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Gerald Shea

Gerald Shea

Call us for help with probate issues and effective estate planning.
  • Probate, Estate Planning
  • New York
Claimed Lawyer ProfileQ&ALII GoldSocial Media

I am an experienced attorney and work diligently to provide my clients and their families with peace of mind. I handle estate planning and probate matters throughout Connecticut and New York, and tax matters worldwide.

New York University School of Law
LL.M. (1991) | Taxation
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University of Connecticut School of Law
J.D. (1985) | Law
Honors: cum laude
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Duke University
B.A. (1981) | Economics/History
Honors: Magna Cum Laude
Activities: Tobacco Road Magazine
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College of the Holy Cross
Activities: Sailing Team
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Professional Experience
Shea & Shea
- Current
Attorney Advisor
U.S. Tax Court
Professional Associations
Connecticut Bar Association
Activities: Tax Law Section and Estates and Probate Section
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New York State Bar  # 2435196
- Current
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Jurisdictions Admitted to Practice
State of Connecticut Judicial Branch
ID Number: 303787
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New York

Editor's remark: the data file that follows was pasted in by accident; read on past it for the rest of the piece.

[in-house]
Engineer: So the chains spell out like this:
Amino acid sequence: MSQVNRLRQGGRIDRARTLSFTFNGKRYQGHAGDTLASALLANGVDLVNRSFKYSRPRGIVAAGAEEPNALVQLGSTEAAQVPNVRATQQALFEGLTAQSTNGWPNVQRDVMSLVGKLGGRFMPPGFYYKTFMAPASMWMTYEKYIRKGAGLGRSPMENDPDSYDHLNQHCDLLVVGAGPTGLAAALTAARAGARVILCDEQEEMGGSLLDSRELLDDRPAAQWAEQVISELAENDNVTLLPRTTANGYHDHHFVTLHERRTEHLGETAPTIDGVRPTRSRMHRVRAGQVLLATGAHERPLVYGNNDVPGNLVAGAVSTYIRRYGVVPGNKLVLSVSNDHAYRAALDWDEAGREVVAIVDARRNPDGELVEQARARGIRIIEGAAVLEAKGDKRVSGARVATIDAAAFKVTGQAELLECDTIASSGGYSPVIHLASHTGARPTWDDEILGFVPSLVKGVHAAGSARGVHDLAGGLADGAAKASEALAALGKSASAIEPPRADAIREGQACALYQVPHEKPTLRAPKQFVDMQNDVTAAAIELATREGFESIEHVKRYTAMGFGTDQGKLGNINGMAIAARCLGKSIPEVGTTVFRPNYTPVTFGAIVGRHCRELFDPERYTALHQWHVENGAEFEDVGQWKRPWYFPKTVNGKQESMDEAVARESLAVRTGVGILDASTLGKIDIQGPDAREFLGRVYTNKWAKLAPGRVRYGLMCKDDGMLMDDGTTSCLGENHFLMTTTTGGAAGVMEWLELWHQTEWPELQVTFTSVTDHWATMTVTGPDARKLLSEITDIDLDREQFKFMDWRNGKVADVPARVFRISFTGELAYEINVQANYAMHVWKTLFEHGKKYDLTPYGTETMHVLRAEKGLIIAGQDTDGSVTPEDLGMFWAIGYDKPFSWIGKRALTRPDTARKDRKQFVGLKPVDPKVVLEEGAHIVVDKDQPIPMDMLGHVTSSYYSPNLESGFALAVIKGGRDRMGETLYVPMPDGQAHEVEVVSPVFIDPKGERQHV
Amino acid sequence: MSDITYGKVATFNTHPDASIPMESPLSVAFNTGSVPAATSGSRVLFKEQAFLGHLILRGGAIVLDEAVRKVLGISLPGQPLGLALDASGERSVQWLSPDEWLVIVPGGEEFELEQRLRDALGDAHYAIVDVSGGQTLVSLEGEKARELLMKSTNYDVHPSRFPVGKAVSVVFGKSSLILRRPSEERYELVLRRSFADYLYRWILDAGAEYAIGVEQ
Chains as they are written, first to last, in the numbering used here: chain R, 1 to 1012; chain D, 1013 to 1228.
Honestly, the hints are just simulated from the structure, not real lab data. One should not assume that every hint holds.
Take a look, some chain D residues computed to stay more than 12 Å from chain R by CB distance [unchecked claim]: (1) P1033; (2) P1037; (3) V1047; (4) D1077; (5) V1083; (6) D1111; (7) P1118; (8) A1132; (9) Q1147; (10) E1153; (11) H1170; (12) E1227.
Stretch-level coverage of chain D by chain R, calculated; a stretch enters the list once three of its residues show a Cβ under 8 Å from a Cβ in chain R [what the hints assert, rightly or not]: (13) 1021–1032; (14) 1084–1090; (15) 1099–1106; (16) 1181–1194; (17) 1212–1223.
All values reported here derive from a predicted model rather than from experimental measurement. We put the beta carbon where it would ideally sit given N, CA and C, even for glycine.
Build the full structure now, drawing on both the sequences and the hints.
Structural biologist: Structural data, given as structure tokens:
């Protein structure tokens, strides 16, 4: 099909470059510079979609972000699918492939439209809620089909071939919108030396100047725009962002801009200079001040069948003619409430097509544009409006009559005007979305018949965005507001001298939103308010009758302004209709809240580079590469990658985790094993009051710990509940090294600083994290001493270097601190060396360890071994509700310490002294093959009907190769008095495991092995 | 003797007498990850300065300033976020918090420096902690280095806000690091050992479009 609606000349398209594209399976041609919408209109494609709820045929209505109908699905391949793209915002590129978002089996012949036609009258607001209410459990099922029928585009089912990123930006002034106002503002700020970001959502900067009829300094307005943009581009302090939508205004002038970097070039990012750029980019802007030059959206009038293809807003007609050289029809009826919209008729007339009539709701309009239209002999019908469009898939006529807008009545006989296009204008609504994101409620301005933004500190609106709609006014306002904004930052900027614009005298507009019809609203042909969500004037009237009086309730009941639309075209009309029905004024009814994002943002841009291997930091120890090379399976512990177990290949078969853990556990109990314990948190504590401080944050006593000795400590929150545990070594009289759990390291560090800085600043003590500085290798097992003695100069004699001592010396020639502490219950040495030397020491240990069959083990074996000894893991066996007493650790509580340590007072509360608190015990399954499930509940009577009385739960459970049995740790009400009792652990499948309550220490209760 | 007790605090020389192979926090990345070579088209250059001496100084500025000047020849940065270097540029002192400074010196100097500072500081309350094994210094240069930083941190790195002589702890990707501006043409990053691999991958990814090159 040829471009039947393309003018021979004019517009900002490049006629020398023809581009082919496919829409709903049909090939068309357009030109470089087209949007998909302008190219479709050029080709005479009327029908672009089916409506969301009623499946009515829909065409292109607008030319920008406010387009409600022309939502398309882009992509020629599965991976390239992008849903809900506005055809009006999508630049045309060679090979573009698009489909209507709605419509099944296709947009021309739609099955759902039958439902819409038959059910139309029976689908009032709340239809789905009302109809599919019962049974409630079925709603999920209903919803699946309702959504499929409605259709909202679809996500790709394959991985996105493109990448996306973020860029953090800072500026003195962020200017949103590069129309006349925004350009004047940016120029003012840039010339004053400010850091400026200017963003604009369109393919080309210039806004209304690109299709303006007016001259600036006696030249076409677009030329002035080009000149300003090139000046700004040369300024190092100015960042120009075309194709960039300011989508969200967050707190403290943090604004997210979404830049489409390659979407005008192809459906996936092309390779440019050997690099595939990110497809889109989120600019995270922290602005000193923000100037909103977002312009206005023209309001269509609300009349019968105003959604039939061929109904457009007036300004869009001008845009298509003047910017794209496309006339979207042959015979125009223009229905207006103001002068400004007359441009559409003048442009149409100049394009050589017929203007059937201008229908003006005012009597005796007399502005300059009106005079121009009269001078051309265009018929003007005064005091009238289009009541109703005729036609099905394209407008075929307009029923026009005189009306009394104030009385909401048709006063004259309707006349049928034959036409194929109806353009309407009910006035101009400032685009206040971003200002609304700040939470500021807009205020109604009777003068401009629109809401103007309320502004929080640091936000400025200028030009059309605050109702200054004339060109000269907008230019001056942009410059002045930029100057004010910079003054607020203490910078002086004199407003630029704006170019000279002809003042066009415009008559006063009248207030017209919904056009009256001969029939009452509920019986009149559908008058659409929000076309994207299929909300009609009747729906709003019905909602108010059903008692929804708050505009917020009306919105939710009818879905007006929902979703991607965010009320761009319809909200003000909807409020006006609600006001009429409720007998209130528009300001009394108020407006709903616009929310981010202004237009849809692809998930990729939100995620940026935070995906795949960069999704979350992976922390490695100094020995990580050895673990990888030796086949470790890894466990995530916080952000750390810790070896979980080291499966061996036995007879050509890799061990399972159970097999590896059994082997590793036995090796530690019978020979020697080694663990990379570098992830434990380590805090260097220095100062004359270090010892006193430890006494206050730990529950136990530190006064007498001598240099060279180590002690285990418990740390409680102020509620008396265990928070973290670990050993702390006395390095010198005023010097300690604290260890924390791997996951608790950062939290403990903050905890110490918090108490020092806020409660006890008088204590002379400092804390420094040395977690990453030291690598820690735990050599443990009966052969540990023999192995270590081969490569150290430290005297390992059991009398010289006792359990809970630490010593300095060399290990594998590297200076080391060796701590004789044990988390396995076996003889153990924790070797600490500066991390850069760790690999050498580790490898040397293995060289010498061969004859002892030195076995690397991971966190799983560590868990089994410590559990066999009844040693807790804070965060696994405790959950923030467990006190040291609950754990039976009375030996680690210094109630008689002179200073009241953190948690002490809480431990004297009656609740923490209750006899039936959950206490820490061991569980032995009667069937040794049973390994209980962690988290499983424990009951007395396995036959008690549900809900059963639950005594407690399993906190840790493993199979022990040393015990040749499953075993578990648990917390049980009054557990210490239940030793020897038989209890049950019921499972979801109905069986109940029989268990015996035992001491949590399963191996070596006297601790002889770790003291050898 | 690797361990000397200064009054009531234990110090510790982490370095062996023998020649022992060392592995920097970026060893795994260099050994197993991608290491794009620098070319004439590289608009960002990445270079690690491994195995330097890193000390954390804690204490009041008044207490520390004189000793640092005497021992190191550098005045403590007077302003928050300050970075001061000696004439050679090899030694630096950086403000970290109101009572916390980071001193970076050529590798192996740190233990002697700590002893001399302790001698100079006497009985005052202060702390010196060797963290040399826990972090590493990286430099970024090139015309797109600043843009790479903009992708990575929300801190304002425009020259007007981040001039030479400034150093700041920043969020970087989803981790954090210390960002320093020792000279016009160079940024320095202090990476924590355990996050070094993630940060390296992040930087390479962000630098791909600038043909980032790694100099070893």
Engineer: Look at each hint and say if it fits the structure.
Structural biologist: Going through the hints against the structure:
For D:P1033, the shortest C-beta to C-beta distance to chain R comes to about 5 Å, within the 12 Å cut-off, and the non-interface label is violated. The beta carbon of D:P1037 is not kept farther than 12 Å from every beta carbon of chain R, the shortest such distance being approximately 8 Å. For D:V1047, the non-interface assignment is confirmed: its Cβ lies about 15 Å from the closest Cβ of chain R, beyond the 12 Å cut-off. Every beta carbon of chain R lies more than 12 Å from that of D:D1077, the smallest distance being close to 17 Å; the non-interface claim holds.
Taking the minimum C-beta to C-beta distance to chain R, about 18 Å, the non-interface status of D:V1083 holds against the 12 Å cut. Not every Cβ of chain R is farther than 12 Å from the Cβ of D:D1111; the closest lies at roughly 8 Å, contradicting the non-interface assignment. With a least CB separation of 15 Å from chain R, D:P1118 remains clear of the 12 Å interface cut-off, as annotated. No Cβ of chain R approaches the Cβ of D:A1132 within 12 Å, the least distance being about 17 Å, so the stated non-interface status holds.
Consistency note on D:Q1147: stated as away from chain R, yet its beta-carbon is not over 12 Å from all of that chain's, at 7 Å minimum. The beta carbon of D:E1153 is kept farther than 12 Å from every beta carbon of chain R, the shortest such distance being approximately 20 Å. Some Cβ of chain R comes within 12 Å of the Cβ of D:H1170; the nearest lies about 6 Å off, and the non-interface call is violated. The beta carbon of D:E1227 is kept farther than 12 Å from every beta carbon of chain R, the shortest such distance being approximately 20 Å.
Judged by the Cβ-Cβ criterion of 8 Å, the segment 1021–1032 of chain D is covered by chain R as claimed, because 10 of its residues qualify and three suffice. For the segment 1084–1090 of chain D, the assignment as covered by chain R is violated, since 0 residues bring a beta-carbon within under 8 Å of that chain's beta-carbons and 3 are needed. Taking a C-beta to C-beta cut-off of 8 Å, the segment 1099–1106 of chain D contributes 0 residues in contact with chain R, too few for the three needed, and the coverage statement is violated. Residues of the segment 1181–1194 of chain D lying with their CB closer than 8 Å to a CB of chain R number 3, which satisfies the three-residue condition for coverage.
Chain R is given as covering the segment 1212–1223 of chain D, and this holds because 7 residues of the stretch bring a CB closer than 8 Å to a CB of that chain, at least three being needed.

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  • Free Consultation
  • Credit Cards Accepted
Practice Areas
    Probate Administration, Probate Litigation, Will Contests
    Estate Planning
    Guardianship & Conservatorship Estate Administration, Health Care Directives, Trusts, Wills
  • English
Legal Answers
Q. Can the probate court have the authority to "claw" back funds improperly distributed prior to probate?
A: It is difficult to get a probate court to exercise jurisdiction over accounts passing by way of beneficiary designation. Such assets are technically "non-probate" assets. A separate action can, however, be brought in Superior Court for undue influence or lack of capacity in transferring assets into the passbook accounts. This requires evidence of improper actions surrounding the actual the transfer. The money is gone and bank contract is implicated. Recovery is thus difficult, absent solid evidence of undue influence with respect to the accounts.
Q. Probate
A: Joint accounts and real estate held jointly in survivorship do not require CT probate. However, an estate tax return is due 6 months from date of death, but that is a different issue (See Form 706NT (nontaxable estate) and Form 706 (taxable estate).
Q. Hello I live in Ct & so did my dad when he was passed away,with no will. How do me my mom & sister claim ownership?
A: Your mother, if she was married to your father, would typically file a petition to be appointed as "Administrator" of your father's estate. This is done at the probate court for the town where your father resided at the time of death. A death certificate is required, as well as the names and addresses of spouse and all children. You or your siblings can file the petition as well, but it often the wife who signs. After reviewing the petition, the court will notify all heirs of a hearing or opportunity to object to the appointment. If there is no objection, the petition is granted and then the newly appointed Administrator may access accounts and gather all the assets to distribute to the heirs at law, which would be your mother, your sister and you. Spouse gets first $100k, and 50% of the balance; the children get the rest. If the children are from another relationship, then the estate is divided 50% to the wife and 50% to the children.
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Contact & Map
Shea & Shea
Toll-Free: (203) 635-8249
Fax: (203) 439-3485
Monday: 9 AM - 5 PM
Tuesday: 9 AM - 5 PM (Today)
Wednesday: 9 AM - 5 PM
Thursday: 9 AM - 5 PM
Friday: 9 AM - 5 PM
Saturday: Closed
Sunday: Closed